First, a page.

Google+—Yes, it still exists. You might have forgotten about the social networking mega giant that’s since flopped a bit, but that doesn’t mean it’s not still ripe for the picking, and ready to be integrated into all of your upcoming web design projects. We know you aren’t convinced you need Google+, but fear not, you skeptic designer you! We’ve got our justifications, our tips, and our logic all spilled out below, ready for you to sift through.

For our full thoughts on how to make the most of Google+ in your designs, check below!

What is Google+ and Why Should I Care?

First of all, we suppose it might do some good to clarify what Google+ actually is: If you missed the service’s launch, Google+ is more or less the Big G’s answer to sites like Facebook or Twitter. It offers a lot of the same functionality as other social giants (Facebook, Twitter, even Reddit) allowing users to share posts, comment on shared media, and just generally ham it up.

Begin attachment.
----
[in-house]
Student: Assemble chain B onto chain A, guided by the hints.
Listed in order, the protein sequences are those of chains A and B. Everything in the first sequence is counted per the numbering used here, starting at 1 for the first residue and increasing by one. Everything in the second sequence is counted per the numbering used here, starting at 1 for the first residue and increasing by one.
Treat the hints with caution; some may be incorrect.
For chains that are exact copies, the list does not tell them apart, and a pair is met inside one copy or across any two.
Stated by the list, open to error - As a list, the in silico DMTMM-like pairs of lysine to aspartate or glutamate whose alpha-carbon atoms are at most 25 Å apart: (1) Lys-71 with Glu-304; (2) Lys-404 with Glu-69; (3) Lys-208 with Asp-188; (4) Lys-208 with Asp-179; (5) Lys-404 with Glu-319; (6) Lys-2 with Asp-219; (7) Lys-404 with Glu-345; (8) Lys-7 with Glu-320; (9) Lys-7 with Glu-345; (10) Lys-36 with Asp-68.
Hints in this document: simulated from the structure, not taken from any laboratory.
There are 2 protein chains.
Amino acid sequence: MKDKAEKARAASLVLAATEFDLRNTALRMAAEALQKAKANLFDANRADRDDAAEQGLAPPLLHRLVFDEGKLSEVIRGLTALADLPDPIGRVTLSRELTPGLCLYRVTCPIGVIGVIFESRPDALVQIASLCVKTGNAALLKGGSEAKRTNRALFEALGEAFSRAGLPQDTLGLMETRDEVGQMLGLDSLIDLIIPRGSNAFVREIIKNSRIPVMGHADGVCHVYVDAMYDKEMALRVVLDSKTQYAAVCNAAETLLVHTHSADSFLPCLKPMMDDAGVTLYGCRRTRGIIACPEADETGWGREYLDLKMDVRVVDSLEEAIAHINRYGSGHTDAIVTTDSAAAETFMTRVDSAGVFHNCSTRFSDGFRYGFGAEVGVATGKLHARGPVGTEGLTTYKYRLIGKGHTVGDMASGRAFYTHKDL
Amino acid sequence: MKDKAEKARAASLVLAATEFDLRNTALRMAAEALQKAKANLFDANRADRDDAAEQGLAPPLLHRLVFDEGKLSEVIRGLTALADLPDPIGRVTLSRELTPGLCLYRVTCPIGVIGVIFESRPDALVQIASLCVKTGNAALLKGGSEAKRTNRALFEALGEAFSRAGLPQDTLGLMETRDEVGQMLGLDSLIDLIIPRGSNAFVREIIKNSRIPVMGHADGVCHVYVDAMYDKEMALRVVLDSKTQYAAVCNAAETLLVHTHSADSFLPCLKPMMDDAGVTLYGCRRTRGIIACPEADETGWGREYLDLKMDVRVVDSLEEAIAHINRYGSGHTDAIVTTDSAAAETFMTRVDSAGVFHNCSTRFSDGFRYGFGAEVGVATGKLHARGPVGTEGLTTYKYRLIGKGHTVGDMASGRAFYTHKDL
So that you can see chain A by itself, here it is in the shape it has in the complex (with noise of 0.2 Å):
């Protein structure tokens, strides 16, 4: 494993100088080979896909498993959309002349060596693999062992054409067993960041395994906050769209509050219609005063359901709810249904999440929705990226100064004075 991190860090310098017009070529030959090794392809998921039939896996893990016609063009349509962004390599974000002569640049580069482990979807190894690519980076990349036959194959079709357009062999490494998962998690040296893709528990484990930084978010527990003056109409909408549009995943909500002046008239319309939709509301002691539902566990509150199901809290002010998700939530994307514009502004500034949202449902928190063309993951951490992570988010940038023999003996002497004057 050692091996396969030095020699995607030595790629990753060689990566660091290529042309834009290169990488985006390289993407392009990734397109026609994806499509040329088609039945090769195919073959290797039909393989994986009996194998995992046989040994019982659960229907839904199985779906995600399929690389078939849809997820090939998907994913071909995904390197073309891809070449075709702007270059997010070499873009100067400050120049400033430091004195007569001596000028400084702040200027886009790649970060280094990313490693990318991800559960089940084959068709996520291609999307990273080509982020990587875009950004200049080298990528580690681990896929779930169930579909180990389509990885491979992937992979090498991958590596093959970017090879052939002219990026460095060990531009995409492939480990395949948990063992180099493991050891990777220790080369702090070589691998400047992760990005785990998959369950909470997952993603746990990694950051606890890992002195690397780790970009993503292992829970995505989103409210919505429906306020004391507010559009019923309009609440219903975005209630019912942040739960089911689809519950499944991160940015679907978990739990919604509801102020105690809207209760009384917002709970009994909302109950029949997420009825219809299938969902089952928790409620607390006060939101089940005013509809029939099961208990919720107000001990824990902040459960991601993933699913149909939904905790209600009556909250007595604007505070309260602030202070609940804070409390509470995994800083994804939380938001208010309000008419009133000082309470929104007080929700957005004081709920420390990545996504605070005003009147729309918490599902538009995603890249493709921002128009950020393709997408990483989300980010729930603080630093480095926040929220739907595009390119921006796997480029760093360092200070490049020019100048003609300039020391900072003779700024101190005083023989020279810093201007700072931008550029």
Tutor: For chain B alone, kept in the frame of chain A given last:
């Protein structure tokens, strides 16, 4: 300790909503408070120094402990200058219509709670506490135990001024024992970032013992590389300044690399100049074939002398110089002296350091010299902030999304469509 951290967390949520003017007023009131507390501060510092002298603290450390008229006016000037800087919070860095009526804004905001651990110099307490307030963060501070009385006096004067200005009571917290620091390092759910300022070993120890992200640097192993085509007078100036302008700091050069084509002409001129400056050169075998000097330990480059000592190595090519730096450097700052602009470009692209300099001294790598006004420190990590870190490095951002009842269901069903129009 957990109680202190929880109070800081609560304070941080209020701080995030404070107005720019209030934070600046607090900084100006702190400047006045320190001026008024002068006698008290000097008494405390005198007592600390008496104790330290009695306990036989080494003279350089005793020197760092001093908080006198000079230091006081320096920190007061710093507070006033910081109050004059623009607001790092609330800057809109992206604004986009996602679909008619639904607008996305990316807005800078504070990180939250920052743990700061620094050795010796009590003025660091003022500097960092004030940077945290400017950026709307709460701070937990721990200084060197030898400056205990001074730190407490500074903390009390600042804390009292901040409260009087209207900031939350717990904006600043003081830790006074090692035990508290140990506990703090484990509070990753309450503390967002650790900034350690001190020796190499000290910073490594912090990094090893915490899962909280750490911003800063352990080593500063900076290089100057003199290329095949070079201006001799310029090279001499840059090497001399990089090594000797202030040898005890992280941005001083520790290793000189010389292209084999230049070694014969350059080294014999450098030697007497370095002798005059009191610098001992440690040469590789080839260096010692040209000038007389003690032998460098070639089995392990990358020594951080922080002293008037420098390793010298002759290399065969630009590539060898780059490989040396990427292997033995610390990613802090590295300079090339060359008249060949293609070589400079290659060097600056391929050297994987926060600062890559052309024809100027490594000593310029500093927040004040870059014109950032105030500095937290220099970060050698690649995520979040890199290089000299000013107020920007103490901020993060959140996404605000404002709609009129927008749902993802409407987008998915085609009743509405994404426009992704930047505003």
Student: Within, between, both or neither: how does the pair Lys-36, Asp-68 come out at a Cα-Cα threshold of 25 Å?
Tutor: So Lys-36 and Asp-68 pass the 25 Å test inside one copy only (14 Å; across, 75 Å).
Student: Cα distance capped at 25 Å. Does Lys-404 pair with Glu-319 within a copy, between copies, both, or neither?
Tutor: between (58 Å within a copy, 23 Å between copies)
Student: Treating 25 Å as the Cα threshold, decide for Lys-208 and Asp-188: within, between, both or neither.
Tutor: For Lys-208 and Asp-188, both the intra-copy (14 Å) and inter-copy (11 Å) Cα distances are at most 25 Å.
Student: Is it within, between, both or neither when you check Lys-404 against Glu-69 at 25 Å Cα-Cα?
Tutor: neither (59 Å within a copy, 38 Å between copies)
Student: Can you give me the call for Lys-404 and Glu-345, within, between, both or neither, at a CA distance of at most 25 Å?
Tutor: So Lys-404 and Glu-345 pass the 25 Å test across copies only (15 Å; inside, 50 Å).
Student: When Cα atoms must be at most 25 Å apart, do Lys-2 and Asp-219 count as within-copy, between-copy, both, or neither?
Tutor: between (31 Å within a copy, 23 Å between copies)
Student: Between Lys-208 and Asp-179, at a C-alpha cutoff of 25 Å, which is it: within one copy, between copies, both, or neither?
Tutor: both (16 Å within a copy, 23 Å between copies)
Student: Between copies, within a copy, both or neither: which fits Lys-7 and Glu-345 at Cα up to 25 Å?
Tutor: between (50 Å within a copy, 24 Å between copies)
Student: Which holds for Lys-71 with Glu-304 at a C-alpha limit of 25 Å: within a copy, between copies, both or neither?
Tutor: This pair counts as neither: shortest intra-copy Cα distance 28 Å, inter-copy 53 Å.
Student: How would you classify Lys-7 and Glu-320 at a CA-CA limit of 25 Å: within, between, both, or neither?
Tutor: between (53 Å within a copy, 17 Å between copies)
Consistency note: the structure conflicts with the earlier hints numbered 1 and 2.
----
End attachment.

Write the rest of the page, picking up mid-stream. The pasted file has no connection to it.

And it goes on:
Google+ (Which, by the way, can also spelled in the more traditional style as “Google Plus”) offers a few new innovations, most notably a revamped albums compendium that has the pants beat off of Facebook. There’s also the option to +1 a post that’s been posted to your feed. This is most similar to the Reddit up-vote, which heaps importance onto that post, and bumps it further up in other user’s feeds. This is what’s most important to us as designers, and this is where we’ll be placing most of our attention.

The Button, +1

Whether you use Google+ yourself or not is almost irrelevant: Either way, you’ll want to add a Google-sponsored +1 button to your pages and posts. Why? Because there are die-hard Google fans out there just waiting to add your content to their feeds. Remember that portfolio you posted to your website just last week? We’d be willing to bet £50 you added Facebook and Twitter integration buttons to it. Why not add Google+ to boot? It takes literally no time at all, especially as Google gives you the code, and with the realtime stream system Google+ is built upon, you’re even more likely to get noticed through the service than through Facebook and Twitter combined.